The Austin Chronicle

https://www.austinchronicle.com/music/2017-05-19/roky-erickson-all-that-may-do-my-rhyme/

Texas Platters

Reviewed by Greg Beets, May 19, 2017, Music

Initially released in 1995 on Butthole Surfers drummer King Coffey's Trance Syndicate label, Roky Erickson's tentative resurrection proved a labor of love with an emphasis on the former. While 1990's genre-topping tribute compilation Where the Pyramid Meets the Eye revived interest in Erickson's music, the artist himself was still living on disability checks in a Del Valle apartment. Forgoing the traditional artist/label relationship, Coffey became one of Erickson's caretakers during the course of the recording. Local A-listers including Charlie Sexton, Coffey's bandmate Paul Leary, and the late, great Barry "Frosty" Smith followed suit. Half the songs here were new recordings. The remainder sprung from remixes of 1985 French import EP Clear Night for Love. Heard as a whole – and on vinyl, to boot – All That May Do My Rhyme rings notable for its embodiment of Erickson's folkward leanings and fealty to Buddy Holly. Opener "I'm Gonna Free Her" leaps from the mundane to the mystic when the bard breaks meter and vows to "shelter her from anything where the beauty of her mind and more is not allowed." Lou Ann Barton takes a fine guest vocal turn on one of two versions of "Starry Eyes," while the plaintive "Please Judge" packs a heartrending gravity made all the more salient by Erickson's history.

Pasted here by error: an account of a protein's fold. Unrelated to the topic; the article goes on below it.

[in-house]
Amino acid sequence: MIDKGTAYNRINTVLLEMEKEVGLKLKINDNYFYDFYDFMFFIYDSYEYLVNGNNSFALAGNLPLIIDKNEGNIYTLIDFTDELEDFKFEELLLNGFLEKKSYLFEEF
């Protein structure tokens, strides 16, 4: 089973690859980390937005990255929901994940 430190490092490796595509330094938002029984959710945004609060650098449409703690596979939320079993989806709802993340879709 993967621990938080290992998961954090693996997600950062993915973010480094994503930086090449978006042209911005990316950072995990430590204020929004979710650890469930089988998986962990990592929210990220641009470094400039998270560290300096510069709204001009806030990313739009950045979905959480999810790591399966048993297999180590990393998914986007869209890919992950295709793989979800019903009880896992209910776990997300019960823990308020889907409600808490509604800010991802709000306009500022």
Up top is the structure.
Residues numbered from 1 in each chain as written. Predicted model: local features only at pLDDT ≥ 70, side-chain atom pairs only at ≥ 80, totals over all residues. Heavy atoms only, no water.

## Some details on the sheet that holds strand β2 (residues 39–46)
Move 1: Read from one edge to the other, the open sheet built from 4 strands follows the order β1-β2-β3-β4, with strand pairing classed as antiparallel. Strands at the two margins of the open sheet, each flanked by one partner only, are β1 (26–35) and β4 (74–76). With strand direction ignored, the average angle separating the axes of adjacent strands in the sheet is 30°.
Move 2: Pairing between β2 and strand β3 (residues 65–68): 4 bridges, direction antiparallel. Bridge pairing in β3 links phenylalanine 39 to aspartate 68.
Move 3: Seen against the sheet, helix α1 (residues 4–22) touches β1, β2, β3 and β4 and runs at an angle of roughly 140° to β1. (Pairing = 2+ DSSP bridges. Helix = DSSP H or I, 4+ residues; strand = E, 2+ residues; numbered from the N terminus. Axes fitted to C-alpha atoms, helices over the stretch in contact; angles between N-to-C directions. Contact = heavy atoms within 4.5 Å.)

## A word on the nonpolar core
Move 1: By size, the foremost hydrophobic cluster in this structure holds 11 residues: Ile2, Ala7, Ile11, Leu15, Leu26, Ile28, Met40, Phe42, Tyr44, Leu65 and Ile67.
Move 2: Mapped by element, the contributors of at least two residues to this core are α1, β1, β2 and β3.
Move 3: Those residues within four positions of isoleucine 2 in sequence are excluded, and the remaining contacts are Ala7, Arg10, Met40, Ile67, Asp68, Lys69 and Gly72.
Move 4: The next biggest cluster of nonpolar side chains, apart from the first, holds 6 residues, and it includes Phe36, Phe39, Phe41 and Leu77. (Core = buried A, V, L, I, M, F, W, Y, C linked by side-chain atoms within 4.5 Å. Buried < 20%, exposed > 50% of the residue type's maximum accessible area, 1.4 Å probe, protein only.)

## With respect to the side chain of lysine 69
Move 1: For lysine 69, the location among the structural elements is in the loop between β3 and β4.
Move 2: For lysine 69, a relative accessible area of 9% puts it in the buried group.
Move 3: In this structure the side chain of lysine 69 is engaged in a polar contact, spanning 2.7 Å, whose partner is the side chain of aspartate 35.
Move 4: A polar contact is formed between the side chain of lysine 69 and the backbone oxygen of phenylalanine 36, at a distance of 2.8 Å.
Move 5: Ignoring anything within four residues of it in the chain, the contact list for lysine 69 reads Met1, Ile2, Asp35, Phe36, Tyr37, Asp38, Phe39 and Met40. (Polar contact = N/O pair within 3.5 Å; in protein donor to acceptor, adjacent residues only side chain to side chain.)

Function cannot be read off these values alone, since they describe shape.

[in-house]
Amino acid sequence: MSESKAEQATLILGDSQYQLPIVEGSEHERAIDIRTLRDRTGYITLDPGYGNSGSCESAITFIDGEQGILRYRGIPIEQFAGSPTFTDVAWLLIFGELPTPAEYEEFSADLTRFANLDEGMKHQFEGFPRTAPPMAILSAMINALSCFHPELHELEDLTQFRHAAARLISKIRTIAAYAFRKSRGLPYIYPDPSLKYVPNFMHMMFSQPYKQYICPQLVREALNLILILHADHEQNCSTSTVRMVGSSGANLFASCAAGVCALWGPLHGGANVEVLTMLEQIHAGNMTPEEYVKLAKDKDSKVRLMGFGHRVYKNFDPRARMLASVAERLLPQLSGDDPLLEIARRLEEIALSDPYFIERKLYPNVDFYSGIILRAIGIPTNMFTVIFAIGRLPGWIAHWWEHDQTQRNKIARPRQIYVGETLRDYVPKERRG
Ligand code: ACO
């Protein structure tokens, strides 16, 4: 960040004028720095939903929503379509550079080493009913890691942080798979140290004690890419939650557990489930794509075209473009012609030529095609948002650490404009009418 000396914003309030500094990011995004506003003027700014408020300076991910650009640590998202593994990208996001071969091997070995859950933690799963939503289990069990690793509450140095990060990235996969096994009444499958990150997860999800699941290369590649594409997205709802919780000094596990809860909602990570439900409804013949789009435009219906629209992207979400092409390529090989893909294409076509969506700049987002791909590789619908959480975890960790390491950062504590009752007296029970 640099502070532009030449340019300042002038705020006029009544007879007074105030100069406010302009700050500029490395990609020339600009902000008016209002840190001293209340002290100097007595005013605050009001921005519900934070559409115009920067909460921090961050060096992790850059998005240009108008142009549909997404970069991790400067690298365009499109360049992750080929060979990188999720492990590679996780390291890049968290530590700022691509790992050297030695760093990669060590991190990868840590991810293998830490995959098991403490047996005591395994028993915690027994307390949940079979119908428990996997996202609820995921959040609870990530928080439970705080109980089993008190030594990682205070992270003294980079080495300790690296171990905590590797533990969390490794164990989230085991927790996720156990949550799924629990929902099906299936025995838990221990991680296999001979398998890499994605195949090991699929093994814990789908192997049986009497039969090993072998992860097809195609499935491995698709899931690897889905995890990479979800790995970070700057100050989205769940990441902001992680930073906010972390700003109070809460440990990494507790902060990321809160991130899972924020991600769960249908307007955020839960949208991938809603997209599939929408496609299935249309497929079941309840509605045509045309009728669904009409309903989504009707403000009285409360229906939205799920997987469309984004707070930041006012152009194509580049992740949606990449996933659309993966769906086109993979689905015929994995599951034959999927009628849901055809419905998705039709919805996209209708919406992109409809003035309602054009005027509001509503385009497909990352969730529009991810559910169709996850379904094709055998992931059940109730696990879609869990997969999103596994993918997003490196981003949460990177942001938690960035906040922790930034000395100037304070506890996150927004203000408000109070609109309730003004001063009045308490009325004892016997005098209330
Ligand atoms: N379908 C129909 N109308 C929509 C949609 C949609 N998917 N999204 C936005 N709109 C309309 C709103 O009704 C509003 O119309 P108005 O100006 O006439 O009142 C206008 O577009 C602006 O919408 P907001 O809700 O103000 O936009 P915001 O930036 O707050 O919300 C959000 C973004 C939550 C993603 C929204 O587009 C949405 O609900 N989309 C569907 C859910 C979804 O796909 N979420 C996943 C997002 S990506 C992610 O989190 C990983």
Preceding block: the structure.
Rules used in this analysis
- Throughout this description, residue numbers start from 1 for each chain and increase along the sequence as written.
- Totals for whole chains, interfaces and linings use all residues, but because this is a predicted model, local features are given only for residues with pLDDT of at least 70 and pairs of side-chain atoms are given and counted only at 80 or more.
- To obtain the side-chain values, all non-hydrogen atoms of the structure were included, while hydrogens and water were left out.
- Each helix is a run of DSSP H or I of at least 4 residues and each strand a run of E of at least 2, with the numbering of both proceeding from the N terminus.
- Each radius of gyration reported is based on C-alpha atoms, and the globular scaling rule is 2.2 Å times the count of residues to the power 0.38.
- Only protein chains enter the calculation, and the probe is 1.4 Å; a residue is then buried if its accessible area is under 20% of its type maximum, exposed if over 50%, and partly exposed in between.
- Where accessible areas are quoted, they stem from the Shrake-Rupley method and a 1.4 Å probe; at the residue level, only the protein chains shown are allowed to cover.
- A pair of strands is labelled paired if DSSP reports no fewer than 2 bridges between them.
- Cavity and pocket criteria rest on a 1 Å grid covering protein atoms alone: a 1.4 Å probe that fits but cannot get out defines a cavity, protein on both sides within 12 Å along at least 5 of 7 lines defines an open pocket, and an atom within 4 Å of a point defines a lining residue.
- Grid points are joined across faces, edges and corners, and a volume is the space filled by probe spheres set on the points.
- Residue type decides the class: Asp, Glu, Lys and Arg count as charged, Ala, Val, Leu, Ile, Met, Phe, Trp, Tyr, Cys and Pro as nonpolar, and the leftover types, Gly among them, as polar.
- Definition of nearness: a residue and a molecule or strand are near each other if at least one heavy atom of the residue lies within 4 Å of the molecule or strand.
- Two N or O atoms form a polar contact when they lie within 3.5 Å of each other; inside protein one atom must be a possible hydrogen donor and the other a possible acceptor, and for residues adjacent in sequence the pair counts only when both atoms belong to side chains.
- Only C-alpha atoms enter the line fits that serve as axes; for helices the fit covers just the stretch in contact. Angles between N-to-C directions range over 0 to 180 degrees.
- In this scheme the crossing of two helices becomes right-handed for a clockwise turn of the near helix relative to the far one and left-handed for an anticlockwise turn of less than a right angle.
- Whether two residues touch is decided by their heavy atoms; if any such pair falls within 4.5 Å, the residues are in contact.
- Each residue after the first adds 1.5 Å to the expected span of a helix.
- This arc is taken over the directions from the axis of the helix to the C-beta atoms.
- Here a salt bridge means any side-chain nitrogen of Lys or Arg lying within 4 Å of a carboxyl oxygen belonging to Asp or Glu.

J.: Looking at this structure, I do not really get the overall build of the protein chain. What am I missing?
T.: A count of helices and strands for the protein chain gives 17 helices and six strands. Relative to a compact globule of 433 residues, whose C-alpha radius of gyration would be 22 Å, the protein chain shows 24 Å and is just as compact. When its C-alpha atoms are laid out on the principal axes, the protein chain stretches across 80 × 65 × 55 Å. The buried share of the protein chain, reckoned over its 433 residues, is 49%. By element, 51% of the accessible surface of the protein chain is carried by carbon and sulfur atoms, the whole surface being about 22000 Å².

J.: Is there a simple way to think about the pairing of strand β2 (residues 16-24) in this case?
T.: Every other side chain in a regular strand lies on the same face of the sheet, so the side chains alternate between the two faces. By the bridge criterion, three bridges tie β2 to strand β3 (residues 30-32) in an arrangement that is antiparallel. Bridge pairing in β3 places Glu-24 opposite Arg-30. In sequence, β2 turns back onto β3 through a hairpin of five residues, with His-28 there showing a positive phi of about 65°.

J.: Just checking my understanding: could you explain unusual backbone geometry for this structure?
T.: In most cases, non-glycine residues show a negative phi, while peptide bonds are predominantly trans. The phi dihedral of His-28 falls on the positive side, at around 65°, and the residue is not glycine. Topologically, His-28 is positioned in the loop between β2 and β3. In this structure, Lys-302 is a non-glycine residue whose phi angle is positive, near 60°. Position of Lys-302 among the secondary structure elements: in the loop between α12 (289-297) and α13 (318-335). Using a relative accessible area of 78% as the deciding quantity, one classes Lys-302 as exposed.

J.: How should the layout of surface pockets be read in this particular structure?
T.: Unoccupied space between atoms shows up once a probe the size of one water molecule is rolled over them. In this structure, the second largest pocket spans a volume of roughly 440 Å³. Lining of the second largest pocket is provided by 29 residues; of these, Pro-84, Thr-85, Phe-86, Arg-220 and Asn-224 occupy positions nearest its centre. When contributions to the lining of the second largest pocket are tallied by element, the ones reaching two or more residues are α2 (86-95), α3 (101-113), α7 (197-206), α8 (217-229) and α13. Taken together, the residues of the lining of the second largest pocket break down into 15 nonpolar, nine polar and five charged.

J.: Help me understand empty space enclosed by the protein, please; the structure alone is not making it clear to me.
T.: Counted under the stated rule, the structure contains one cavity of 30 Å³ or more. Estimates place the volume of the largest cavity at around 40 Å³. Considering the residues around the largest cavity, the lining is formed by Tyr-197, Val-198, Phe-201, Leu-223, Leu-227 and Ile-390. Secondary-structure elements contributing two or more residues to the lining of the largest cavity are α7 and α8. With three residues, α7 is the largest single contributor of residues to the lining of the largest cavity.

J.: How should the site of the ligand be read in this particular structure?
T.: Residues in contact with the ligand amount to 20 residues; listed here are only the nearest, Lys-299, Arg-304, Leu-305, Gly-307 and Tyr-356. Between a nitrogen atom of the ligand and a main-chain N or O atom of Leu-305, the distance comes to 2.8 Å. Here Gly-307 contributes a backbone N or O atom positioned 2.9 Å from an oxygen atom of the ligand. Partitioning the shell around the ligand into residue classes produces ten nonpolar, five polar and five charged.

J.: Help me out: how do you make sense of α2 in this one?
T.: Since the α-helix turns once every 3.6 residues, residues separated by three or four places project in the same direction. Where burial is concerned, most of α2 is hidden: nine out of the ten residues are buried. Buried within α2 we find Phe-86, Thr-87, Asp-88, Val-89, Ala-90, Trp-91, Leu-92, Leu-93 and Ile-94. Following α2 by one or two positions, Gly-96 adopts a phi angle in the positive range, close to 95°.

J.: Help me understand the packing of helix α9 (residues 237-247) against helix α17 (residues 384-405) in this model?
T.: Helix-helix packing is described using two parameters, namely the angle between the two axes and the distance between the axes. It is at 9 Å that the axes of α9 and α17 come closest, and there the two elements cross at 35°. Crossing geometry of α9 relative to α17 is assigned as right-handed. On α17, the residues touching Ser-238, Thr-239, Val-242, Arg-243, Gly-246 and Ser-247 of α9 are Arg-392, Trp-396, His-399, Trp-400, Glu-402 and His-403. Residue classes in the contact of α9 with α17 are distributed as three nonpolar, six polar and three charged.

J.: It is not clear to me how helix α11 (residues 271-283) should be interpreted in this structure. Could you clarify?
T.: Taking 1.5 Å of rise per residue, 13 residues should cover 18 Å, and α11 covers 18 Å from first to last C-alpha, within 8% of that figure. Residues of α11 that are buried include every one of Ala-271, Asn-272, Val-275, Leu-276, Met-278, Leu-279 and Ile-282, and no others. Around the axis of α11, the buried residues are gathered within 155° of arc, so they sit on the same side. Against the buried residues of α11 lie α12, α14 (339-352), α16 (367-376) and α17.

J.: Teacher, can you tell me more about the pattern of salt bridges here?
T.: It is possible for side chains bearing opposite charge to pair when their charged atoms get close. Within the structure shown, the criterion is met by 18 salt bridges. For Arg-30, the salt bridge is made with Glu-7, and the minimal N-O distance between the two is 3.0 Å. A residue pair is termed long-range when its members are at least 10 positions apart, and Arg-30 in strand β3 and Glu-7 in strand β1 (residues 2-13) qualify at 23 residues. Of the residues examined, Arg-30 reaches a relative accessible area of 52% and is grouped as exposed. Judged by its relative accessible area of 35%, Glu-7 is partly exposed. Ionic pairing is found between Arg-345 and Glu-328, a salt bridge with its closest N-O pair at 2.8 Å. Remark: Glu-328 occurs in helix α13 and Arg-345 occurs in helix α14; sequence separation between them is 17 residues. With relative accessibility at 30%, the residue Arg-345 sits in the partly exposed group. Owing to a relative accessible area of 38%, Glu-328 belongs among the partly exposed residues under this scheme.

***.5

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